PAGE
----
Rutland businessman fights back to health after being hospitalised with Covid-19 and taking part in medical trials at Leicester Glenfield Hospital
A businessman is fighting his way back to full health after being hospitalised with Covid-19 and taking part in medical trials.
Stephen Gannon is asthmatic with a history of chest infections, so he was naturally concerned when news of the virus broke 12 months ago.
He also had first-hand experience of how devastating a virus can be, having worked in Hong Kong at the time of the SARS outbreak.
He said: “I remember telling my partner that this could become a major world event.”
During the first eight months of the pandemic, Stephen worked hard on maintaining his fitness, believing that staying fit was the best thing he could do.
He’s a keen cyclist and enjoys walking, so made the most of the Rutland countryside, and even enjoyed a cycling trip to Germany at the end of the summer when restrictions were lifted.
But at the start of the second national lockdown in November, Stephen fell ill.
He tested positive and within 24 hours the whole family also contracted the virus.
Stephen, 61, said: “It’s remarkable how quickly it spread. I didn’t have bad symptoms - just a slight loss of taste.”
After five days, Stephen lost his appetite completely and the family began to worry.
On day eight they invested in an oxygen monitor because Stephen’s condition was deteriorating and on day 11 he was admitted to hospital.
He said: “I was on my side trying to breathe. I went to have a bath but the effort to get out of the bath and then walk to the bedroom was one of the hardest things I’ve ever done.
“If I’d left it another day, it would have been a very different outcome because I was spiralling downwards quickly.
“It was weird from my point of view though because I felt no emotion. I I knew I was ill but I wasn’t upset.”
When he was admitted to hospital, Stephen’s oxygen had dipped to 87 per cent - about 10 per cent below a healthy level.
Although Stephen remained calm, his family was scared.
Stephen said: “Without overdramatising the situation, my loved ones thought I might not be coming back.
“I could tell my son was absolutely terrified and Cathy had to leave the room when the ambulance arrived because she knew it wasn’t looking great for me.
“On the way to hospital I just chatted to the paramedic and asked all about his life.”
Daniel is particularly close to his dad as they run the family business, Car-Iconics in Ashwell, together.
He said: “We were extremely worried that we weren’t going to see him again. He’s had chest infections in the past, so the idea that covid was on his lungs was pretty terrifying.”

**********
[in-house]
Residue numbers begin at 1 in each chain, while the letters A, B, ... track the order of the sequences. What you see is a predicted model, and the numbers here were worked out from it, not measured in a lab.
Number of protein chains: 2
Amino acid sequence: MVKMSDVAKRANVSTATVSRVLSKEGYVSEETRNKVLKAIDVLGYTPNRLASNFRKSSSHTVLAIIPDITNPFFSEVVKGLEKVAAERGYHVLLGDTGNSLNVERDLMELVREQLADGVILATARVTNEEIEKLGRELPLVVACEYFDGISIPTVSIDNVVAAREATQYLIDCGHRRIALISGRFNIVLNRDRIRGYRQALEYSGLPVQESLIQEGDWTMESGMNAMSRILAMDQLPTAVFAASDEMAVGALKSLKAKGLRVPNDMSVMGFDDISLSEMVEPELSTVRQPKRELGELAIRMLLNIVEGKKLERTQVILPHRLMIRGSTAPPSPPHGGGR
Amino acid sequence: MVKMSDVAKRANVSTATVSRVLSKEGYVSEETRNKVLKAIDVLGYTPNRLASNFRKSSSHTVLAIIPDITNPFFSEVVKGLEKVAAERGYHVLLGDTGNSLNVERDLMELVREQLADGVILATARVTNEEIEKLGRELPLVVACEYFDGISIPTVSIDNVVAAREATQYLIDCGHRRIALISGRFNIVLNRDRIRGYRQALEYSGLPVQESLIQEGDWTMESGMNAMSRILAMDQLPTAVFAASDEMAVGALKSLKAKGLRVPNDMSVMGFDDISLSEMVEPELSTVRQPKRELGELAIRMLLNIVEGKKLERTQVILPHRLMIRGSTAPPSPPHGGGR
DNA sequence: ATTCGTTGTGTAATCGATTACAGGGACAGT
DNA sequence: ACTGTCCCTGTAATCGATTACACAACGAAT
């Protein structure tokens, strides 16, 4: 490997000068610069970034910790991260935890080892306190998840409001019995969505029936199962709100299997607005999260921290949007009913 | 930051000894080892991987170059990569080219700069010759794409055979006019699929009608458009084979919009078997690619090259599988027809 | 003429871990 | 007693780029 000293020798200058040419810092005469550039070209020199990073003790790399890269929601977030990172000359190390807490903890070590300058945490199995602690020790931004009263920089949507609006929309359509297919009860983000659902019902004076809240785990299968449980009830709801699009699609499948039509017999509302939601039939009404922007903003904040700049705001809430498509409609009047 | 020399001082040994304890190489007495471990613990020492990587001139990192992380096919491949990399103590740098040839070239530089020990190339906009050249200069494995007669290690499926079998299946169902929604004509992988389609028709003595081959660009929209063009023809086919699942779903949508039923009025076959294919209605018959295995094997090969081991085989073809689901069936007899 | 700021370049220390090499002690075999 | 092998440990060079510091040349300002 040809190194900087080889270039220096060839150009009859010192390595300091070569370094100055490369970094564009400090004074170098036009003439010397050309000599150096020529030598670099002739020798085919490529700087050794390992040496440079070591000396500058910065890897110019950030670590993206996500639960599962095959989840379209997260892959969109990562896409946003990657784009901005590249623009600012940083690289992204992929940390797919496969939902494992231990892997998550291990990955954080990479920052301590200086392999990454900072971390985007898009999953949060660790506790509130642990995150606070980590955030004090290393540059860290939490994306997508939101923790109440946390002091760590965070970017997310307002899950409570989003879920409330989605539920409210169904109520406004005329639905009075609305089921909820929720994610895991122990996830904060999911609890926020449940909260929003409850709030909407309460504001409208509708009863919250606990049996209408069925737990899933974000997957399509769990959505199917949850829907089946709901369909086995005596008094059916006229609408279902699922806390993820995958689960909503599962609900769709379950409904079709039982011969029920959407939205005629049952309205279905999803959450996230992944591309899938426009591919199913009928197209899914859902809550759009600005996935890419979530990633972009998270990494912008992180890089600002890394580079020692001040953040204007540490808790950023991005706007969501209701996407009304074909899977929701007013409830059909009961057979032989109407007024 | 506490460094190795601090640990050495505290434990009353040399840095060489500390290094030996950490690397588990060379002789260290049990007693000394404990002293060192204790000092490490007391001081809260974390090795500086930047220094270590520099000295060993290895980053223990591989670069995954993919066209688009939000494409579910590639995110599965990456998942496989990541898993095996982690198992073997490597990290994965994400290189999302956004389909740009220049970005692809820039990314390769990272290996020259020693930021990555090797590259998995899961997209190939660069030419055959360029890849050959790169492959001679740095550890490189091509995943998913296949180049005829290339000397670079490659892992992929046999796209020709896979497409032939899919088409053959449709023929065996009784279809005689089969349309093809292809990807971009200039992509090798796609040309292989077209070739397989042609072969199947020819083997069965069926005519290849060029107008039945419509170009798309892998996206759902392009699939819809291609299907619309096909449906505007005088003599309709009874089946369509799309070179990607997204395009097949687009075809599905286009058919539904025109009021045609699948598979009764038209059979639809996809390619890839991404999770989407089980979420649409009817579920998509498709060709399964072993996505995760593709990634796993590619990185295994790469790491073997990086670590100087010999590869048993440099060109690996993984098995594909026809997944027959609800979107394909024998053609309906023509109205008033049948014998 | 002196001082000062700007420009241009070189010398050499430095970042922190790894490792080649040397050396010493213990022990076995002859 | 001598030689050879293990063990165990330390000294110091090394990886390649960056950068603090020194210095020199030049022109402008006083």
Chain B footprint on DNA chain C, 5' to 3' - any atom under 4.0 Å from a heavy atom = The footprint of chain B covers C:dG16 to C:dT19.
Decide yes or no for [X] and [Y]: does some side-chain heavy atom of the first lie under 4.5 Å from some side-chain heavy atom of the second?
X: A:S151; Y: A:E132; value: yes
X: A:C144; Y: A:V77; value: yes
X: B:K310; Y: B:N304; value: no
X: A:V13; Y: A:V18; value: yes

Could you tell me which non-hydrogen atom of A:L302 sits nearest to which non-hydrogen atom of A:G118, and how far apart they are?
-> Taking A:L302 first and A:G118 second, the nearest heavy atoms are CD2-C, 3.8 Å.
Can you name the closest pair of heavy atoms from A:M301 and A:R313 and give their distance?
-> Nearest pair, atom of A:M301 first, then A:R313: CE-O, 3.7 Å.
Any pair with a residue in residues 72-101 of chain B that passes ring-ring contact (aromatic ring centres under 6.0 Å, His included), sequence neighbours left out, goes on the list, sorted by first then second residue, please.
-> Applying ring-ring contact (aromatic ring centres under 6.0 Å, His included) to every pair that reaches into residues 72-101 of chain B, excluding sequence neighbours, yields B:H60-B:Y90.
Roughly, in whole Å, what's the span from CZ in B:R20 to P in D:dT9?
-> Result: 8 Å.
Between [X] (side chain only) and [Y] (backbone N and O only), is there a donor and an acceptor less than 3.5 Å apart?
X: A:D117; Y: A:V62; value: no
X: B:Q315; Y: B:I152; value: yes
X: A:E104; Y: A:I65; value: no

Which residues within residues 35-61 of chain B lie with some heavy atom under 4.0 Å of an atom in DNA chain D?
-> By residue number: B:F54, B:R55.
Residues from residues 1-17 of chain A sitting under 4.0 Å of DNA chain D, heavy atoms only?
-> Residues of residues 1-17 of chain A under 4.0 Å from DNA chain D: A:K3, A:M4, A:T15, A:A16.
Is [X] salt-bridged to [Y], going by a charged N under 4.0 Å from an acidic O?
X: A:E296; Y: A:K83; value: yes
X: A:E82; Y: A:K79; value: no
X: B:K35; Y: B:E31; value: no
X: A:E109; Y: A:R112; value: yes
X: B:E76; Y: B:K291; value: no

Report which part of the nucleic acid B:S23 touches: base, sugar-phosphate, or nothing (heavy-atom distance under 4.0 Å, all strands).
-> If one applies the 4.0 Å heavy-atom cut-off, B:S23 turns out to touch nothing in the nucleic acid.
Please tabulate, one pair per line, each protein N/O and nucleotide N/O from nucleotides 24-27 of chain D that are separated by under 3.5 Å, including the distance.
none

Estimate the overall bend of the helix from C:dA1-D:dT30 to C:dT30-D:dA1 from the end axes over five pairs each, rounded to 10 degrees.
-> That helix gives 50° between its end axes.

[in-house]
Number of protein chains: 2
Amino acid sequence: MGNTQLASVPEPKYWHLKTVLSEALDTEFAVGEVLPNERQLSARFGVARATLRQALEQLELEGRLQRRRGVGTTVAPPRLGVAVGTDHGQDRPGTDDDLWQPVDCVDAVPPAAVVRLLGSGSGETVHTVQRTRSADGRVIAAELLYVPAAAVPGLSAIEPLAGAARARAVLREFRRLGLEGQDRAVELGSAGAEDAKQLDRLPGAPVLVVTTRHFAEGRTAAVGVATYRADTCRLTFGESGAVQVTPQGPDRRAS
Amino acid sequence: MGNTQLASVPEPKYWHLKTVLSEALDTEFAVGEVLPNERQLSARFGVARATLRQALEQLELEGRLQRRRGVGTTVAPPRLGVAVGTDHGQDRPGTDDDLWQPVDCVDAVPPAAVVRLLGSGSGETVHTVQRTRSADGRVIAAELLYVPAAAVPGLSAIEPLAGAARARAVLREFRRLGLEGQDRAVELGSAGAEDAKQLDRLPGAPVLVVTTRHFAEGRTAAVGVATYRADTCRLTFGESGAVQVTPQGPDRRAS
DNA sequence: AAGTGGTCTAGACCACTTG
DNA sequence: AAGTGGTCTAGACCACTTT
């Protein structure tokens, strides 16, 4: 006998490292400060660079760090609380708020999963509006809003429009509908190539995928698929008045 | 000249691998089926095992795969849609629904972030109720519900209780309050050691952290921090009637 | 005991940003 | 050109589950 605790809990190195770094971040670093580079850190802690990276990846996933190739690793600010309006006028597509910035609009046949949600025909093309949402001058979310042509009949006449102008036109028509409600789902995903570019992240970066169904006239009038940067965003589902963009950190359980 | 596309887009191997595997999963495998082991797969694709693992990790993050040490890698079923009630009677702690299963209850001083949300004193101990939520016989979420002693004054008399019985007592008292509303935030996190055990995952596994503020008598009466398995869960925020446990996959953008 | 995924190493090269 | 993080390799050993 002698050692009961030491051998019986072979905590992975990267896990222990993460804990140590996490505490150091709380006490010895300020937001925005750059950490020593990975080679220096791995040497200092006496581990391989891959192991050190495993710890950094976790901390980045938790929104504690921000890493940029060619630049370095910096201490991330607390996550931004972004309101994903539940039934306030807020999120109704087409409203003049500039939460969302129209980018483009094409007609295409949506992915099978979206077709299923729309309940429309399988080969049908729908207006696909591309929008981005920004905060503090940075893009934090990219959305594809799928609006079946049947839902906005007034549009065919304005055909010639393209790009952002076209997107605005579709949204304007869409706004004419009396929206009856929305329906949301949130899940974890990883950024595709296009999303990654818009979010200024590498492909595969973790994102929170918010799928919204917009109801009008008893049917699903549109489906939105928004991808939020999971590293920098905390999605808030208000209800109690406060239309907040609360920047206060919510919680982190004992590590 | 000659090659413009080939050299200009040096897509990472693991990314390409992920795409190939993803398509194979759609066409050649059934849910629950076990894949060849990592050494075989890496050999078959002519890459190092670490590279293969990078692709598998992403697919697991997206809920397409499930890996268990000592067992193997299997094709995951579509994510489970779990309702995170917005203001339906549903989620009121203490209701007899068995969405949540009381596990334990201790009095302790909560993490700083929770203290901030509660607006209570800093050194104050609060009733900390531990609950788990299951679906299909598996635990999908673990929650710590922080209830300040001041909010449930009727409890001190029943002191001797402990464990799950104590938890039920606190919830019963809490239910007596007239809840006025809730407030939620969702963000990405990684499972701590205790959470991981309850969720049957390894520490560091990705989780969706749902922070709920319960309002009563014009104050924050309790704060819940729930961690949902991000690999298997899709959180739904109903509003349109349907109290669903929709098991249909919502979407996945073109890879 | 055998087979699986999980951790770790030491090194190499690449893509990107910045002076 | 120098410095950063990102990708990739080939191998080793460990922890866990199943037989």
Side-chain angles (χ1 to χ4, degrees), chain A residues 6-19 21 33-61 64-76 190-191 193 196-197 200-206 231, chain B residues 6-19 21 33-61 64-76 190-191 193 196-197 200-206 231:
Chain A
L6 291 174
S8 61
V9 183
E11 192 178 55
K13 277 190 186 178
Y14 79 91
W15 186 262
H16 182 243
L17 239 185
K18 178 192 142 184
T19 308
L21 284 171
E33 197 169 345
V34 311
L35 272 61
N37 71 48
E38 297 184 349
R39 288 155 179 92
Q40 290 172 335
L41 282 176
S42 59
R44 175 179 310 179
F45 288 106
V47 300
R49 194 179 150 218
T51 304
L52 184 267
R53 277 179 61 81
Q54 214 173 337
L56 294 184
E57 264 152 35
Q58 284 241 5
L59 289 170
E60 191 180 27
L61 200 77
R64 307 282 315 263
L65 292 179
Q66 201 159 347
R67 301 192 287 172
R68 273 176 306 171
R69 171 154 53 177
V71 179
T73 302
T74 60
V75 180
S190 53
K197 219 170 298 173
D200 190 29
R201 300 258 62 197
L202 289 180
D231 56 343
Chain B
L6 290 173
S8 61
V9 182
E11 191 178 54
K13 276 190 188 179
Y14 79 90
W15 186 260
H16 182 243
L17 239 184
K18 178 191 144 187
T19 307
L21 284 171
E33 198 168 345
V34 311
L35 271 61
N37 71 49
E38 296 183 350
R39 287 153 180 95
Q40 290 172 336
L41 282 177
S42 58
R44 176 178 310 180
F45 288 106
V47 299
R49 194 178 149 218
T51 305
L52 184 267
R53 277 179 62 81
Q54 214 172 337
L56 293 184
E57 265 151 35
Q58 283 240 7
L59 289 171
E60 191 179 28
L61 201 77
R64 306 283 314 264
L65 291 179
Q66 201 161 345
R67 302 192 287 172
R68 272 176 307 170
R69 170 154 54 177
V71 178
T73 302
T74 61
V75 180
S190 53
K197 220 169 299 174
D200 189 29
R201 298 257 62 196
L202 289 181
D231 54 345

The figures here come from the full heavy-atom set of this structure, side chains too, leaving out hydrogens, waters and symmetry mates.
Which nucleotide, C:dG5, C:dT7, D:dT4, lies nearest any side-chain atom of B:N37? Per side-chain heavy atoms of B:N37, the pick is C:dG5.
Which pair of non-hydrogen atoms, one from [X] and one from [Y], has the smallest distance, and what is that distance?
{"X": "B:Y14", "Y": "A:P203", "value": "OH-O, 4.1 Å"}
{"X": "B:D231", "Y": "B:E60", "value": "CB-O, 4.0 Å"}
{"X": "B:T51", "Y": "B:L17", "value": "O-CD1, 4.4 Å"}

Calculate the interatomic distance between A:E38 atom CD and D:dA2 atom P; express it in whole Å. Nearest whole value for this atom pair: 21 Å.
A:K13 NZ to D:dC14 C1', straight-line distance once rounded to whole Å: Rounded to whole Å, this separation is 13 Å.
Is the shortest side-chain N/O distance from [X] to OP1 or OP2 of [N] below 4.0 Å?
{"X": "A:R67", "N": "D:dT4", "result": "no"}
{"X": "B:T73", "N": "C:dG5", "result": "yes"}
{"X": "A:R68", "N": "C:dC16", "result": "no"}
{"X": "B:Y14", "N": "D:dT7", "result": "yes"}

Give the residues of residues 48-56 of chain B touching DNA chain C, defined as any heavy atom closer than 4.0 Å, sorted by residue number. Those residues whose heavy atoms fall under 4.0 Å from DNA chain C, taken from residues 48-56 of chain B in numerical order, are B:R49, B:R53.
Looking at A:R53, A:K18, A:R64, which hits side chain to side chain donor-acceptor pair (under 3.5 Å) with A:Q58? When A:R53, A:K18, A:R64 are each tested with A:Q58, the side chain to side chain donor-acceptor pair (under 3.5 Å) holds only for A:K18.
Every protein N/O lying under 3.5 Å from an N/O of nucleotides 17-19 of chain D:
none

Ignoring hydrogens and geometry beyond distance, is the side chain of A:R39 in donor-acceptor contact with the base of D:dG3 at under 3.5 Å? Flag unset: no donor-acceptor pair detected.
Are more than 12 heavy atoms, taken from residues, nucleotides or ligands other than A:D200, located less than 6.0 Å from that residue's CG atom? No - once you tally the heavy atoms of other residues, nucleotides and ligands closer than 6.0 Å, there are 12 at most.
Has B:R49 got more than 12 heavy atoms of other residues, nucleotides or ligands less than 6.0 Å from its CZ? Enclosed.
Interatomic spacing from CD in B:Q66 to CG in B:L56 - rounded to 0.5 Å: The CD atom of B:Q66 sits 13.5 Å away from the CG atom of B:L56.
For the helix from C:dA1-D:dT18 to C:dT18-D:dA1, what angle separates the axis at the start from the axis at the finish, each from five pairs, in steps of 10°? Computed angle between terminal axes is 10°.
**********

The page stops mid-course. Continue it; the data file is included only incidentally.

Whilst in hospital, Stephen was recruited into the Recovery-RS clinical trial. The treatment provides a mask which continuously pushes an oxygen-air mixture into the airways to support the patient’s breathing.
He was also assigned to receive blood plasma containing antibodies from someone who had recovered from Covid-19.
The trial went on to conclude that the plasma doesn’t make a significant difference in treating the virus.
Stephen, who lives in Manton, said: “I agreed to every study they offered. In my view, I’ve gone in and I’m in a serious situation, so why not?
“The team at Glenfield Hospital were super-human in their efforts, they really were amazing.
“Even though I was very ill, I could see how fantastic the work was that they were doing.”
He added: “I never had a down moment in the hospital. It was only afterwards when I realised how lucky I was to be home.”
Stephen was reunited with his family – fiancée Cathy, and children, Daniel and Leonie, 10 days after being admitted to hospital but faced a long recovery.
He said: “When you come out of hospital you’re not fixed. You’re on this journey. There were a number of times I woke in the night and could hardly feel my breath on my hand. It was really scary on nights like that.
“Thankfully, they seem to have passed.”
A daily breathing course is helping Stephen with his recovery and he often walks to work in Ashwell.
Last week he clocked up 60 miles, but is still waiting to get back on his bike.
He said: “I’m determined to be fitter than I was before covid.”
Stephen is now an advocate for clinical research and will take part in a national study to look at the long-term effects of Covid-19 on patients who were hospitalised with the disease.